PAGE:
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'The only way to get rid of a temptation is to yield to it.' When Dorian Gray has his portrait painted, he is captivated by his own beauty. Tempted by his world-weary, decadent friend Lord Henry Wotton, he wishes to stay forever young, and pledges his very soul to keep his good looks. Set in fin-de-siécle London, the novel traces a path from the studio of painter Basil Hallward to the opium dens of the East End. As Dorian's slide into crime and cruelty progresses he stays magically youthful, while his beautiful portrait changes, revealing the hideous corruption of moral decay. Ever since its first publication in 1890 Wilde's only novel has remained the subject of critical controversy. Acclaimed by some as an instructive moral tale, it has been denounced by others for its implicit immorality. Combining elements of the supernatural, aestheticism, and the Gothic, The Picture of Dorian Gray is an unclassifiable and uniquely unsettling work of fiction.
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A lush, cautionary tale of a life of vileness and deception or a loving portrait of the aesthetic impulse run rampant? Why not both? After Basil Hallward paints a beautiful, young man's portrait, his subject's frivolous wish that the picture change and he remain the same comes true. Dorian Gray's picture grows aged and corrupt while he continues to appear fresh and innocent. After he kills a young woman, "as surely as if I had cut her little throat with a knife", Dorian Gray is surprised to find no difference in his vision or surroundings. "The roses are not less lovely for all that. The birds sing just as happily in my garden."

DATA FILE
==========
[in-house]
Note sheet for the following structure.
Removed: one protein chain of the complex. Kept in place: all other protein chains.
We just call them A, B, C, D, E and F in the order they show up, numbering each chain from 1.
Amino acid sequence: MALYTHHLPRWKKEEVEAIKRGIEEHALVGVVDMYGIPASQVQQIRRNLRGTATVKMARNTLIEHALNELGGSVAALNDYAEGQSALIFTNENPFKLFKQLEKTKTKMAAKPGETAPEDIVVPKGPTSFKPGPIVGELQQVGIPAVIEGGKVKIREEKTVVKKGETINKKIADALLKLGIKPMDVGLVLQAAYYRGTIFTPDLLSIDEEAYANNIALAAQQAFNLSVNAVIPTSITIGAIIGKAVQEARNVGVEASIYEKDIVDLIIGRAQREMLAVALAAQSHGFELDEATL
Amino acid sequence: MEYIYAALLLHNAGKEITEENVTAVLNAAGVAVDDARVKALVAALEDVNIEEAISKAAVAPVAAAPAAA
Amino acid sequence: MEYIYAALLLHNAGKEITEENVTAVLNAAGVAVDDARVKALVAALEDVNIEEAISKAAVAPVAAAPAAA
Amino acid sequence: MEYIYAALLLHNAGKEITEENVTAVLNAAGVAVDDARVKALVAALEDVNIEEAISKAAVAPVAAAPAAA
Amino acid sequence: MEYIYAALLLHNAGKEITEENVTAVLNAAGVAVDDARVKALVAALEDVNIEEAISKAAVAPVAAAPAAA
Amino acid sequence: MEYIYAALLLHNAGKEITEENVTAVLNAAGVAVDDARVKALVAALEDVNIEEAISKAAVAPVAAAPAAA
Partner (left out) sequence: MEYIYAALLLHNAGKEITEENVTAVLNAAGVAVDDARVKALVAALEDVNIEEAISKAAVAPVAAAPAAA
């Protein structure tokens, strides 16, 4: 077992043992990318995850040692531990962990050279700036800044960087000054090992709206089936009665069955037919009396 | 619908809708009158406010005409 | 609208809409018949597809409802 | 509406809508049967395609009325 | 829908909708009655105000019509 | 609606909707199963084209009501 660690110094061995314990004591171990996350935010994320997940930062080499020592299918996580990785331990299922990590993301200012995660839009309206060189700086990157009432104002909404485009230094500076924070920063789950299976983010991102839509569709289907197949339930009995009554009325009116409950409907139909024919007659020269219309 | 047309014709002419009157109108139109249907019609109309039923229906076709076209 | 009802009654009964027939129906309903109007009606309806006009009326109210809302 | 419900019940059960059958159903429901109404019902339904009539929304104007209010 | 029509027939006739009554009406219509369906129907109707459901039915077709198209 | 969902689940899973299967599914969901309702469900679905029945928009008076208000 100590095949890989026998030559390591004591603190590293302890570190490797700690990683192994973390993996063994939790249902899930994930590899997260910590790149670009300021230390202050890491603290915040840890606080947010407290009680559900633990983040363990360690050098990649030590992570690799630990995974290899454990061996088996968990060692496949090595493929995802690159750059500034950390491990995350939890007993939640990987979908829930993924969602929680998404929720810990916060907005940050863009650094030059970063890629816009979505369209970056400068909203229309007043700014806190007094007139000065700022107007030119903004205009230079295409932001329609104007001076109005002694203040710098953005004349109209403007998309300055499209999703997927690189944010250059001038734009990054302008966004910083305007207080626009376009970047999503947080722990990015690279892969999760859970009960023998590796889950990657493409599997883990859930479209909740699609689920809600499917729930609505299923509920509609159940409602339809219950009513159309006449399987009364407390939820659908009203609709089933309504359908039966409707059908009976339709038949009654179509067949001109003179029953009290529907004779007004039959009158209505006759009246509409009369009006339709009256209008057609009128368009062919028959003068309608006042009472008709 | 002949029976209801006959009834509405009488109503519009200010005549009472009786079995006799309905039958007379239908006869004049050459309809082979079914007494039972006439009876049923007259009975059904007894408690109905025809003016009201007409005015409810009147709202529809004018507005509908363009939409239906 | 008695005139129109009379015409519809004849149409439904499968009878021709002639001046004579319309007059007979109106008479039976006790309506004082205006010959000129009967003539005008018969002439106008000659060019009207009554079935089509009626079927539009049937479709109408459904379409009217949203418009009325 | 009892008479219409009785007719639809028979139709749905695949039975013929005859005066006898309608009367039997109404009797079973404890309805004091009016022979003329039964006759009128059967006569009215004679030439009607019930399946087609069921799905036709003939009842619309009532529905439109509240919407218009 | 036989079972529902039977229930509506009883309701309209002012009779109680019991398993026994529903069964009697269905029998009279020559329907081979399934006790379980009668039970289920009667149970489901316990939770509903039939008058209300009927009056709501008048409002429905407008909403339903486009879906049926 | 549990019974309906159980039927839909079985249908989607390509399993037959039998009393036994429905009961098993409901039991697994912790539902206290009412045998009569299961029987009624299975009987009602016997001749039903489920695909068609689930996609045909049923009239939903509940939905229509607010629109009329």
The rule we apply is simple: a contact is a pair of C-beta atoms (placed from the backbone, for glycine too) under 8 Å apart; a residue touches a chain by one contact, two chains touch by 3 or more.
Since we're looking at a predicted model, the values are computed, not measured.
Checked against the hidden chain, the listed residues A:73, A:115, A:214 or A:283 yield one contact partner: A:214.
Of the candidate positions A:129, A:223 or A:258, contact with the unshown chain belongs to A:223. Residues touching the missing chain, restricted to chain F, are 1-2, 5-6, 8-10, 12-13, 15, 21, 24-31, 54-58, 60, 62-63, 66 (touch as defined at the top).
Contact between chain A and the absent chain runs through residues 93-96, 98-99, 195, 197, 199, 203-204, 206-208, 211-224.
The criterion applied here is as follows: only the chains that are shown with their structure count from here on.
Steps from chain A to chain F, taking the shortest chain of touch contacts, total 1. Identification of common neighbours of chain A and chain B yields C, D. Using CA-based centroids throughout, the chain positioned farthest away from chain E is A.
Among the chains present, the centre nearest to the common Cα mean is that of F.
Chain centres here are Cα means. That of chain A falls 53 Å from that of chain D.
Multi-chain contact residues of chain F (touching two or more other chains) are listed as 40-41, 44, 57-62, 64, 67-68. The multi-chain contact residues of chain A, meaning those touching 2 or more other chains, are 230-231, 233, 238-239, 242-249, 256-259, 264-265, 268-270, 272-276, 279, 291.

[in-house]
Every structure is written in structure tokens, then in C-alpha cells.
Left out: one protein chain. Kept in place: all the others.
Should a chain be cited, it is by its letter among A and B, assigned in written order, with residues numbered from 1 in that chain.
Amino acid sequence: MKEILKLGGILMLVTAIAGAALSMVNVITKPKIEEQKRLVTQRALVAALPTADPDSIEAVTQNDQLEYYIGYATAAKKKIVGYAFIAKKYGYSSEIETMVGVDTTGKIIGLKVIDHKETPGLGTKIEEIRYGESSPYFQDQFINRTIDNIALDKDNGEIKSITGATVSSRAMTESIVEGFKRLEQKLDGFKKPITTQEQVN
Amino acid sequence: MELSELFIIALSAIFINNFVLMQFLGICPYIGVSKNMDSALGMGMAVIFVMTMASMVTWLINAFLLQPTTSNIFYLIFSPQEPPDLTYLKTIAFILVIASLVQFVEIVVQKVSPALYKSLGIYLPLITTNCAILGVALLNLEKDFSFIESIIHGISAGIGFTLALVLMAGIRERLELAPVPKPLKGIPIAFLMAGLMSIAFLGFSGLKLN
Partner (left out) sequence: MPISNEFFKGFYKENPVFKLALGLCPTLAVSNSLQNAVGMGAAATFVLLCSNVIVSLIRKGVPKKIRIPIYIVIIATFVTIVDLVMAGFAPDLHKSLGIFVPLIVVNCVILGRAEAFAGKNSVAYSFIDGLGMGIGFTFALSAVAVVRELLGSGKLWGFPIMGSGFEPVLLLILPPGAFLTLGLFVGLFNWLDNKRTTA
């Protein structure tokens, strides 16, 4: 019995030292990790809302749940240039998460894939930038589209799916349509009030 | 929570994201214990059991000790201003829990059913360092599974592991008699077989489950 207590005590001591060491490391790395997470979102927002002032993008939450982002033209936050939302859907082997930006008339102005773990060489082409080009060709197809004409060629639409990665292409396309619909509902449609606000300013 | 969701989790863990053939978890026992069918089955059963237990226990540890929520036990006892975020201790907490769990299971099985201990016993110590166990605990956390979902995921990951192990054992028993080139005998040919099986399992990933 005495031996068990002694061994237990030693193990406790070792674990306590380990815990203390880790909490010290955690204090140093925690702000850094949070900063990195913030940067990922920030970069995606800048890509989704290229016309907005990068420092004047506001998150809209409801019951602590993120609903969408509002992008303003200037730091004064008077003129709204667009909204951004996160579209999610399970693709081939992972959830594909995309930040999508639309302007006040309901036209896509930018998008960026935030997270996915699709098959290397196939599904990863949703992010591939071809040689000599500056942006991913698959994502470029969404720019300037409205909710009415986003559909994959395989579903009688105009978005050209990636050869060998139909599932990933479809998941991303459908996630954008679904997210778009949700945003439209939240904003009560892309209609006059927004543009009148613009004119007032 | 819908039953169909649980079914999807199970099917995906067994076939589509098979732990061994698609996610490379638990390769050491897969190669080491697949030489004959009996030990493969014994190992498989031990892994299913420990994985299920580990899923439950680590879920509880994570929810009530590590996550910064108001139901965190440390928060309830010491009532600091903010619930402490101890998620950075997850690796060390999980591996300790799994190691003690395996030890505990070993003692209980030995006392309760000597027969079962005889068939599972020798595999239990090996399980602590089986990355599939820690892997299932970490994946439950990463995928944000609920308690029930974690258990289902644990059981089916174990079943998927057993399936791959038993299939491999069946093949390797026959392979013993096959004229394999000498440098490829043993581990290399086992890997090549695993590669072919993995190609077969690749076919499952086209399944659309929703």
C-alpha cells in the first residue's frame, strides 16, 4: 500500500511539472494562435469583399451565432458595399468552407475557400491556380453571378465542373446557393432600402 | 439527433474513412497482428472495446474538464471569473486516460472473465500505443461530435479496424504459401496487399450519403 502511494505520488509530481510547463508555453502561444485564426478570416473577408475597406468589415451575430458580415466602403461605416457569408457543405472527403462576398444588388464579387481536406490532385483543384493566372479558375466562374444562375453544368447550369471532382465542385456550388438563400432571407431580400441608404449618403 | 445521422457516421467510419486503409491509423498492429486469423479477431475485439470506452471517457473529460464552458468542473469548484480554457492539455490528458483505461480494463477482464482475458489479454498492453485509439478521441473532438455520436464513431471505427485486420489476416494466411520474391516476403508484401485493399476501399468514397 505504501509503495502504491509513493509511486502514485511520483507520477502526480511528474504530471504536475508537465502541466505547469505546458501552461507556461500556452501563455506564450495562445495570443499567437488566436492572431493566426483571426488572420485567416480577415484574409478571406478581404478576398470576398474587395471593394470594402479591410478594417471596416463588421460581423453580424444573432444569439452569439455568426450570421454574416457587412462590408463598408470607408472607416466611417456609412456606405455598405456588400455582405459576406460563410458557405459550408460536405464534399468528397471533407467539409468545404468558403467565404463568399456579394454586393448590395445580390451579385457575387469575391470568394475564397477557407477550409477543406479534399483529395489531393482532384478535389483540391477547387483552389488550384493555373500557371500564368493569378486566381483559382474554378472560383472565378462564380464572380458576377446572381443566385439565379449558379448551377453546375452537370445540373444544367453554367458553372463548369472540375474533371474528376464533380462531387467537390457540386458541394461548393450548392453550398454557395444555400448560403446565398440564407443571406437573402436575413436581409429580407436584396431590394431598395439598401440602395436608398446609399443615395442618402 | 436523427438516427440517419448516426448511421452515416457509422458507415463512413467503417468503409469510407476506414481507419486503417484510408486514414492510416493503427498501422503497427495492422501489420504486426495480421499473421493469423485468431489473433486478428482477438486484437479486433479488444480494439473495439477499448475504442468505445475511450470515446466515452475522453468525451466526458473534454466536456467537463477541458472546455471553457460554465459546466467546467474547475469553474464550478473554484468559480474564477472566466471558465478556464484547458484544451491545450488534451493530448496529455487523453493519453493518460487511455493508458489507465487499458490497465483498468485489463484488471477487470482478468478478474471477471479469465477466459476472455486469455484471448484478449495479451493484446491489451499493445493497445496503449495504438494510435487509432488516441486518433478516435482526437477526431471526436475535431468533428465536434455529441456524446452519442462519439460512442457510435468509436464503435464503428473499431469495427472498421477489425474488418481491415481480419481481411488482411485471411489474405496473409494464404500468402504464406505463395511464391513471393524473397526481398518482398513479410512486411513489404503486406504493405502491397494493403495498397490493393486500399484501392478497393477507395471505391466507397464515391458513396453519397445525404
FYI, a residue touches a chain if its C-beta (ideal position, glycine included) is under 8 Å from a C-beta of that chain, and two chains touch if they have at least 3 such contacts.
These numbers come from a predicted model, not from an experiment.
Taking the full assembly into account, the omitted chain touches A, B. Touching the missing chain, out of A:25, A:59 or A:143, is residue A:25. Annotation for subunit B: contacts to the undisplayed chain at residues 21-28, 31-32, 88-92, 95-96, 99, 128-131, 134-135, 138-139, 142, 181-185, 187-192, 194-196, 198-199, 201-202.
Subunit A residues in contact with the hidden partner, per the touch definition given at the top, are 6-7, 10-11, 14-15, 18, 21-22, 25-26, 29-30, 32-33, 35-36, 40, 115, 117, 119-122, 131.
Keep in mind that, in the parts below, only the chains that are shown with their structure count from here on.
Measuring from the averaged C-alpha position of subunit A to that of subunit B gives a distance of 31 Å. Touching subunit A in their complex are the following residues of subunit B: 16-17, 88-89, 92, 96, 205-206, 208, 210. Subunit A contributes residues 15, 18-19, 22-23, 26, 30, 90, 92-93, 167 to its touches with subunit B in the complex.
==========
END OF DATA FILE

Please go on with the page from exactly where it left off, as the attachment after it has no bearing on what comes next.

As Hallward tries to make sense of his creation, his epigram-happy friend Lord Henry Wotton encourages Dorian in his sensual quest with any number of Wildean paradoxes, including the delightful "When we are happy we are always good, but when we are good we are not always happy." But despite its many languorous pleasures, The Picture of Dorian Gray is an imperfect work. Compared to the two (voyeuristic) older men, Dorian is a bore, and his search for ever new sensations far less fun than the novel's drawing-room discussions. Even more oddly, the moral message of the novel contradicts many of Wilde's supposed aims, not least "no artist has ethical sympathies. An ethical sympathy in an artist is an unpardonable mannerism of style." Nonetheless, the glamour boy gets his just deserts. And Wilde, defending Dorian Gray, had it both ways: "All excess, as well as all renunciation, brings its own punishment."Review:
It seemed to be an impossible task to outdo the former edition of 'Dorian Gray' in the World's Classics series, but Bristow has achieved his goal. The quality of the explanatory notes is, simply, superb, and the introduction is succint but informative,
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